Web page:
Hunter Pyle Law

Hunter Pyle Law Hunter Pyle Law assists in basic employment rights in the workplace, including the right to privacy, Berkeley) in 1997. In 2014, Mr. Fewer than 1% of U.S. Ms.
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Hunter Pyle Law is committed to representing those who most need representation. Our professional philosophy is to provide the best possible legal services to our clients and to do so in the most ethical manner. The attorneys at Hunter Pyle Law have wide-ranging professional experience. This experience enables us to provide a broad array of legal services, ranging from multi-party and class action

cases to personal consultations regarding a single transaction. We will discuss your case with you in plain language and manage your case so that you are positioned for the best possible outcome. Each of the lawyers at Hunter Pyle has been recognized by Super Lawyers in 2017. Tanya Tambling and Chad Saunders have been designated as Rising Stars. That award is limited to the top 2.5 percent of lawyers under 40 in California. Hunter Pyle has been designated as a “Super Lawyer” every year since 2011. That designation is limited to the top 5 percent of attorneys in California. ATTORNEYS
Hunter Pyle:
Hunter Pyle graduated from Boalt Hall School of Law (U.C. In 2007 he was named “one to watch” in the Daily Journal’s “Top Northern California Law Firms.” In 2009 and 2010, he was recognized as a “Rising Star” by Super Lawyers. This award is limited to the top 2.5 percent of lawyers under 40 in California. Every year since 2011 he has been recognized as a “Super Lawyer.” This designation is limited to the top 5 percent of attorneys in California. Pyle joined both the Million Dollar Advocates Forum and the Multi-Million Dollar Advocates Forum of the Top Trial Lawyers in America. Membership in those organizations is limited to attorneys who have won million and multi-million dollar verdicts and settlements. There are over 4000 members throughout the country. lawyers are members. In addition to practicing law full time, Mr. Pyle is a Lecturer at Berkeley Law School where he teaches the Employment Law course to second and third year law students. He has also been a faculty member of the Stanford Law School Trial Advocacy Workshop for several years. Tanya Tambling:
Ms. Tambling joined the firm in 2012. She dedicates her practice to fighting for the rights on employees and victims of personal injuries in both state and federal court. Tambling represents employees in wrongful termination, wage and hour, retaliation, medical leave, discrimination, harassment, and whistleblower disputes. She works tirelessly to hold employers accountable for wage and hour violations and discriminatory practices in the workplace. Tambling is also a zealous advocate of drivers, bicyclists and pedestrians who have been victims of an accident. She has helped her clients obtain significant awards even when they have been hit by uninsured motorists. Tambling received her Juris Doctorate from the University of California at Davis. During law school, she participated in UC Davis’ Immigration Clinic, competed on a regional level with King Hall’s Negotiations Team, externed at Solano County Superior Court, and received the King Hall Certificate in Public Service. Tambling is admitted to practice in California, and the Northern and Eastern District Courts of California. She is also a member of the California Employment Lawyers Association, the Contra Costa County Association Labor/Employment Section, and the Alameda County Bar Association. Prior to attending law school, Ms. Tambling was an English language instructor nationally and internationally for fourteen years. The daughter of immigrants, Ms. Tambling speaks German, and is conversant in basic Portuguese and Russian. In 2016, Super Lawyers recognized Ms. Tambling as a “Rising Star.”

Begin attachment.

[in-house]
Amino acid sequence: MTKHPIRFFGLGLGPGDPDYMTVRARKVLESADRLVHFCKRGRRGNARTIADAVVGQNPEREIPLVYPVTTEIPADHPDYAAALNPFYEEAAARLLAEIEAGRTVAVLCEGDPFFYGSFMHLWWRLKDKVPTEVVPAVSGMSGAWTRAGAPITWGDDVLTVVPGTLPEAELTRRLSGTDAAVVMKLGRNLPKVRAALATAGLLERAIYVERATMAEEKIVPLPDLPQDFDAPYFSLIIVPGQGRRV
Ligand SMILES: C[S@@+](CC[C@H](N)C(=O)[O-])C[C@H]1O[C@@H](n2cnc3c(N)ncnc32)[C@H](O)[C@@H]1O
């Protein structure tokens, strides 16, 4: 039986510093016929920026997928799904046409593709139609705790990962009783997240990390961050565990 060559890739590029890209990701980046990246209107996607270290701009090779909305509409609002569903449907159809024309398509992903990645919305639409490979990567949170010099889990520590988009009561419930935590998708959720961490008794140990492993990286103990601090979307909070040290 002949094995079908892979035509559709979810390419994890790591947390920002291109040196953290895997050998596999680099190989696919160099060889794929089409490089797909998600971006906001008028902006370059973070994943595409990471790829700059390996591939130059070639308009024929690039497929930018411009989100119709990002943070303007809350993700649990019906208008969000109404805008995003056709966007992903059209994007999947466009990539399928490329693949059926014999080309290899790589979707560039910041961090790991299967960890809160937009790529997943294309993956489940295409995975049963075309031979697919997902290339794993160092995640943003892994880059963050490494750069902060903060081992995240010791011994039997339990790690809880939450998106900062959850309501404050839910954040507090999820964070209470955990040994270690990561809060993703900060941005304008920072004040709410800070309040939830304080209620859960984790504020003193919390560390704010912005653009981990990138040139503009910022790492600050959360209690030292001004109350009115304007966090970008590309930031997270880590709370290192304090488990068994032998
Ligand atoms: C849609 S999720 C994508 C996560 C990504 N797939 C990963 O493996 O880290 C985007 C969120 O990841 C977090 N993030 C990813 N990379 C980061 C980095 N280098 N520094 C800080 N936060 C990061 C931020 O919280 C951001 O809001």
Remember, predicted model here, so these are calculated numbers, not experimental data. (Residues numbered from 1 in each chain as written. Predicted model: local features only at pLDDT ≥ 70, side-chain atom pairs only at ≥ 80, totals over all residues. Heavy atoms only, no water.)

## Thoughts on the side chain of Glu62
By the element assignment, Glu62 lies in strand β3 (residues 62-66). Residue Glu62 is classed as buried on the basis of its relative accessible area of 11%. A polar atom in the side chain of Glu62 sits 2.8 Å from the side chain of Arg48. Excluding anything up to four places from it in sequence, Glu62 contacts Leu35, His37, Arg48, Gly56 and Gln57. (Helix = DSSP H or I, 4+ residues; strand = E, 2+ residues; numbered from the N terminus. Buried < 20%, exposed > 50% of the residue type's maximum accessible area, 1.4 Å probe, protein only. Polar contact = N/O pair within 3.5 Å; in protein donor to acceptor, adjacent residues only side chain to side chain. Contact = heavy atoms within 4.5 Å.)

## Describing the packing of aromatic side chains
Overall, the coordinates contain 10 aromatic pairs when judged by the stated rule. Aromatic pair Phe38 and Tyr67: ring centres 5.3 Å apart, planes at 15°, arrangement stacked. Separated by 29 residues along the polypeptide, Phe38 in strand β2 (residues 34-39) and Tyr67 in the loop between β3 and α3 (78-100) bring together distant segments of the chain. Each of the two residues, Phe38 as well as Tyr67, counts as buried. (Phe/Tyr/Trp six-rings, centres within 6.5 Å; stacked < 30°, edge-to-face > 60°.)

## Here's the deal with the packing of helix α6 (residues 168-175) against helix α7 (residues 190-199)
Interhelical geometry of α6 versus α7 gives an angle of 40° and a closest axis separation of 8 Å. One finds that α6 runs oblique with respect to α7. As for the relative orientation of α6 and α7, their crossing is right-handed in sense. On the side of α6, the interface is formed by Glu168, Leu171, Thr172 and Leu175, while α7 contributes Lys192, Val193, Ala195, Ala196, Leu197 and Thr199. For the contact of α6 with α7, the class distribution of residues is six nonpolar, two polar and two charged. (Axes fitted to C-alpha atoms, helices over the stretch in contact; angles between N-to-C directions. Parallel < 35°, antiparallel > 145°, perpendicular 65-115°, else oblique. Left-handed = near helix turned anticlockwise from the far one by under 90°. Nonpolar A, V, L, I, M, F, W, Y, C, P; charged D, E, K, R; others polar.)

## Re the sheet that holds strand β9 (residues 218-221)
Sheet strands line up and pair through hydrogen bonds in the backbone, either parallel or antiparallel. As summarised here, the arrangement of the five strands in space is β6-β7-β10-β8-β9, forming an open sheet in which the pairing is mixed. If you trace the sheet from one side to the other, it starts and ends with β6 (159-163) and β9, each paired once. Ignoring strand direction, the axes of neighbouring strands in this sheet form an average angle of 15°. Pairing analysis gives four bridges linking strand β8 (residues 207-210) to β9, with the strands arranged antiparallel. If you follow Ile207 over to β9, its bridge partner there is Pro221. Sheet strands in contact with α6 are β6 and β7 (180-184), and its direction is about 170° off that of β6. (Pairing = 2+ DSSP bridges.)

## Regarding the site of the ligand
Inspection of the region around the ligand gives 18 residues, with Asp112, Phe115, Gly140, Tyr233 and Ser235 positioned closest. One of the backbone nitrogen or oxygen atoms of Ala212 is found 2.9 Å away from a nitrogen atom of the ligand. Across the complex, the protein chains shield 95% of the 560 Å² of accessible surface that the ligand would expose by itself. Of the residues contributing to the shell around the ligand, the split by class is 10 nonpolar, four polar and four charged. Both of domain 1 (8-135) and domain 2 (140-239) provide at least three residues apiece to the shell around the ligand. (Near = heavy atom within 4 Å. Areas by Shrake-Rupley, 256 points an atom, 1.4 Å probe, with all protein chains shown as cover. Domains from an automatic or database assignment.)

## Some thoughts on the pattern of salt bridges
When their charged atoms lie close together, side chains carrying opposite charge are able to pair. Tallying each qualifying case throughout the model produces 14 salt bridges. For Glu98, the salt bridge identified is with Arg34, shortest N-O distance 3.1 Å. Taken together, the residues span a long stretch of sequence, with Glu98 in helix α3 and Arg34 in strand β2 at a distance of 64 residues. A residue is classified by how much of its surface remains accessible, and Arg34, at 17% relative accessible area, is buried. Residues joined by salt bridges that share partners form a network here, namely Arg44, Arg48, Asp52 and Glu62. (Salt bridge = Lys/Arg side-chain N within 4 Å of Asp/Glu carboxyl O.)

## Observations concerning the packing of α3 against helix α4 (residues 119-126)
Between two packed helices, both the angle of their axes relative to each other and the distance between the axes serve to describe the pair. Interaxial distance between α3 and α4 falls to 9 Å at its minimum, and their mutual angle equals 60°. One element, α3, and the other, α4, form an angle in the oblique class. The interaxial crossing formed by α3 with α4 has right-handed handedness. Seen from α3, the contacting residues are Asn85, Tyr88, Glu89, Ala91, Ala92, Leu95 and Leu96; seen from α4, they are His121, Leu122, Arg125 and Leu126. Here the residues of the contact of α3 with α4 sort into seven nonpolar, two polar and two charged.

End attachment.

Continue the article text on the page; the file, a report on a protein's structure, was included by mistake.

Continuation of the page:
STAFF
Miriam Leticia Paez - Office Manager/Intake Coordinator
Leticia Paez was born in East Los Angeles and raised in Riverside, California. She graduated from UC Riverside with a Bachelor of Arts in Latin American Studies. While attending school, Ms. Paez worked for the City of Riverside, Mayor’s Office and was liaison to the Chambers of Commerce as the Clean Community Systems Program Coordinator where she coordinated an anti-litter campaign program visiting elementary schools in Riverside educating students about keeping their city clean. She was then hired as the Family Student Housing Coordinator at UC Riverside. After graduating from UC Riverside, Ms. Paez moved to Venezuela where she worked at Colegio Internacional de Carabobo (CIC) as the Music and Kinder ESL teacher. Paez moved back to California and worked at UC San Francisco as the Program Coordinator for the Gender Equity Resource Center. From 2002 – 2010, Ms. Paez moved to Bern, Switzerland. During her years in Switzerland, she volunteered as the Talent Show Coordinator for l’Ecole Cantonale de Langue Française de Berne and volunteered at community centers throughout the Canton of Bern, helping refugees and immigrants from Latin America, the Middle East, and Africa with projects related to improving health and wellness, teaching civic responsibilities, enhancing political engagement, and helping families better their overall situation. Paez returned to her native California in 2011 and worked as the Arts Education/Outreach Coordinator at the Mission Cultural Center for Latino Arts until 2016. Her hobbies are playing the piano, painting, biking, dancing, literature, and yoga. Paez is fluent in Spanish.